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But no need to feel left out if you missed out - three to five weeks remain in spot prawn season, so there's plenty of time to feast. We just bought two pounds of live prawns ($12 a pound) at False Creek's Fisherman's Wharf, immediately west of Granville Island, and had them home and in a pot of salted, boiling water before their heads hit ocean bottom. (The fisher snaps the heads off, if you like, and throws them back to sea, if the gulls don't grab them first.)
Yes, you can dress spot prawns up a million and one ways, but that's my favourite way to cook them: Heads off, then three to four minutes in a pot of water salted like seawater. Fish them out before they curl up tightly; the smaller ones will be done first.
Cook lots - this isn't the time to dole them out like the workhouse master in Oliver Twist . I can eat a pound myself (before the heads are removed), no problem.
On the side, what else but a dish of fresh asparagus? We whipped up the recipe below in no time. The hint of lemon and roasted walnuts were perfect foils to the asparagus, and even the prawns. If you don't even want to go to that bother, roasted asparagus is even simpler.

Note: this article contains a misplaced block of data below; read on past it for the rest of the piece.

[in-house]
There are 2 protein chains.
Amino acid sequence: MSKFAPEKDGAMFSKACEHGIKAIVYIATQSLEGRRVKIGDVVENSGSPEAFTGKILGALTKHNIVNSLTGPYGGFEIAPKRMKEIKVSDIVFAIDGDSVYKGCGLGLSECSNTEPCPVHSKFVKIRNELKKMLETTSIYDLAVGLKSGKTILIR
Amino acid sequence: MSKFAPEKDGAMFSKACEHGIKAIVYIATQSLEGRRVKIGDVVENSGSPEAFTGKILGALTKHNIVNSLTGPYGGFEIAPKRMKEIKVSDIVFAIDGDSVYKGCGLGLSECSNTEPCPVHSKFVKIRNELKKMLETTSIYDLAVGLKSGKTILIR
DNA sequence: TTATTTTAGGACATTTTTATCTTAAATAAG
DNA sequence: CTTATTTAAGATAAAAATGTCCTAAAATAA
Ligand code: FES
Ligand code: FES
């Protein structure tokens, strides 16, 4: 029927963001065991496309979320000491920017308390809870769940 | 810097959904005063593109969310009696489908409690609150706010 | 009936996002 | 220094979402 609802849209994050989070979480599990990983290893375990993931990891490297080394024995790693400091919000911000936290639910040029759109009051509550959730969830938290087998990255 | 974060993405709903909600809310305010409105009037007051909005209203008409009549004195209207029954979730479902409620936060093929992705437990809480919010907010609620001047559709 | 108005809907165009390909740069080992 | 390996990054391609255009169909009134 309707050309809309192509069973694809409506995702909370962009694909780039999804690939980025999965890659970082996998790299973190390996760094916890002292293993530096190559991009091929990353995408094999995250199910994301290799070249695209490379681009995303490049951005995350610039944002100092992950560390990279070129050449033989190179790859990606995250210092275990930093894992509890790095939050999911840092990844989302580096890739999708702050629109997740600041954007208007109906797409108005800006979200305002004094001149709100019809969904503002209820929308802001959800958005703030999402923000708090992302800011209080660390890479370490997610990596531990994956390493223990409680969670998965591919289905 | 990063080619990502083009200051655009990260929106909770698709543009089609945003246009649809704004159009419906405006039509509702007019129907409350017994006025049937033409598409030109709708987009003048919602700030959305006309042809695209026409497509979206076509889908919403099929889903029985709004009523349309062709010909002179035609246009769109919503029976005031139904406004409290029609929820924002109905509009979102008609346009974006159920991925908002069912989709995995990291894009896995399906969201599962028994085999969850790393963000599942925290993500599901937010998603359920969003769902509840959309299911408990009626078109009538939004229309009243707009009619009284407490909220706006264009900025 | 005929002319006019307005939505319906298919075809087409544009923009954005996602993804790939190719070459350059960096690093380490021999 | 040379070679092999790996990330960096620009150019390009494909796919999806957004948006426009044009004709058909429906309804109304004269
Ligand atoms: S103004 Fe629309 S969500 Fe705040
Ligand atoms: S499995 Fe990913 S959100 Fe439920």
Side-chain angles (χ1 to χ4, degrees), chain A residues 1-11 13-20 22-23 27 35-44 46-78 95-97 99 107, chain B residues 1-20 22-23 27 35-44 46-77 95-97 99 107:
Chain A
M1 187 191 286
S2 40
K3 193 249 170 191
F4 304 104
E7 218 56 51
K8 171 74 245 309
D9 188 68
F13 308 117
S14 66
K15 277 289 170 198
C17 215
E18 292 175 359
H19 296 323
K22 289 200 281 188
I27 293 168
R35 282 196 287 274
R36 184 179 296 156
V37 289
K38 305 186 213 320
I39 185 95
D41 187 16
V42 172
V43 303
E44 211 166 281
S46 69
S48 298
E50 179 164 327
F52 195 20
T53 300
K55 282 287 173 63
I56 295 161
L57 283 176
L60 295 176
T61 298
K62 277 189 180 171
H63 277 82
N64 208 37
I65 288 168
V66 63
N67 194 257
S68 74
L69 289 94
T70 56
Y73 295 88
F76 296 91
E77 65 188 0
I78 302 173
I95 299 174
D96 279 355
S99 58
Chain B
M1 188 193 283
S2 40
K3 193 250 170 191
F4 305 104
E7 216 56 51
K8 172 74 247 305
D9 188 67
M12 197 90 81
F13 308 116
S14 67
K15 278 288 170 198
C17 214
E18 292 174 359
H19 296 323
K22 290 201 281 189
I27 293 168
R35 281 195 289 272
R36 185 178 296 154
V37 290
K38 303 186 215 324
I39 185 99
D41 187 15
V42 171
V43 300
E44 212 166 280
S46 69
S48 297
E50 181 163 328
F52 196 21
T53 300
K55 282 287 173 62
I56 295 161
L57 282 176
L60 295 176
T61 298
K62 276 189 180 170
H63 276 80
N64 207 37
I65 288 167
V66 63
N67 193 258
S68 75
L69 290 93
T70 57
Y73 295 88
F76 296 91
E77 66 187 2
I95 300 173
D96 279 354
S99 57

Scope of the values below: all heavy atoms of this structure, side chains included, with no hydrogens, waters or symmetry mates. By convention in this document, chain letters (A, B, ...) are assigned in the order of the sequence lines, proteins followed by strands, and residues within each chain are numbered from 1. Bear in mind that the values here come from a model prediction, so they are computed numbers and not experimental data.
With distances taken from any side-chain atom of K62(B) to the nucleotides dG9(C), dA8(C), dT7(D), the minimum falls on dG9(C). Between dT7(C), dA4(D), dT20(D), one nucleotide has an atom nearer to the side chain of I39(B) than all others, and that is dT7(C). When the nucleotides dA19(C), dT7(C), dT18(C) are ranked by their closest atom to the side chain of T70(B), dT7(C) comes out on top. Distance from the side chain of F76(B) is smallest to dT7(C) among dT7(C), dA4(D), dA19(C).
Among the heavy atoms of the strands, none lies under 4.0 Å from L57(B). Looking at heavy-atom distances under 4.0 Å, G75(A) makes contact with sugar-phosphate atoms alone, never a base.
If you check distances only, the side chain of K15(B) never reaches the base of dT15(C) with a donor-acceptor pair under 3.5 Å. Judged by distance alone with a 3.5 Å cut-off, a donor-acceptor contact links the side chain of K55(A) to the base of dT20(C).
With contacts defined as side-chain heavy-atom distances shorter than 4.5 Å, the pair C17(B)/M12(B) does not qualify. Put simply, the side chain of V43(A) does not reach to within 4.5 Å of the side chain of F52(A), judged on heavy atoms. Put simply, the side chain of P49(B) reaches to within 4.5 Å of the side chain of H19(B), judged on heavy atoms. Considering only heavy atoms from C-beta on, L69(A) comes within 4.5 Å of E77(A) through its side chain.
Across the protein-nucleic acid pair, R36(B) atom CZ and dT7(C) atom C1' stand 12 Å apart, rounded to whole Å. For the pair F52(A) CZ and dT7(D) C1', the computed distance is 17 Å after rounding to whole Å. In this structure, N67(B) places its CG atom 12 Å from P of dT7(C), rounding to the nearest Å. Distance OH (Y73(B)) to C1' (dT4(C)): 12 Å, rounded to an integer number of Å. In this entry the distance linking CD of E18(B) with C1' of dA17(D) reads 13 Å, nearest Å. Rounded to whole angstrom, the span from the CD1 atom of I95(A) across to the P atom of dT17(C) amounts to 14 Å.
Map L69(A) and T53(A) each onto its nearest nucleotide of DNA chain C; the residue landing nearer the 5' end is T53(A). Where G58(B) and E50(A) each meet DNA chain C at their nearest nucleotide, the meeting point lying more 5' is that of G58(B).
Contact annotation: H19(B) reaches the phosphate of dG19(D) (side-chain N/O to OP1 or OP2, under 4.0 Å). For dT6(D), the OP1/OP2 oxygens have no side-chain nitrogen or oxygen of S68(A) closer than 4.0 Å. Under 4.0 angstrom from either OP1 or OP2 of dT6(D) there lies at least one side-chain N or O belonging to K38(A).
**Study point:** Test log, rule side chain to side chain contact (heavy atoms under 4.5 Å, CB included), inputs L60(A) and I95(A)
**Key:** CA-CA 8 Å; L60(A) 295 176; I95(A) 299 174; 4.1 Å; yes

Whether you like thin spears, like I do, or you're from the thicker-is-better school, the key to picking out good asparagus is to go for the bright green ones with tightly closed tips. If the asparagus is shriveled or bends, but doesn't snap, it's over the hill.
Wash your asparagus and get rid of the coarse, stringy ends by holding the spears in both hands and bending them; they'll snap off where the tender parts begin.
Dump the spears in a small plastic bag, drizzle in some good olive oil and toss them till they're nicely coated. Place them on an oiled baking sheet in a single layer, sprinkle with salt and pepper, and roast in a preheated 400-degree oven. The time depends on how big the spears are. Mine were done after 15 minutes, but bigger ones may take up to 25 minutes.
Add a fresh green salad - we're so lucky to have lots of nice organic greens and herbs around right now that don't come in a plastic container. Use fresh, organic Romaine with a ton of thinly sliced local organic radishes and aromatic herbs - a good fistful of your own chives, if you're lucky enough to have a pot of them - and drizzle over a creamy dressing.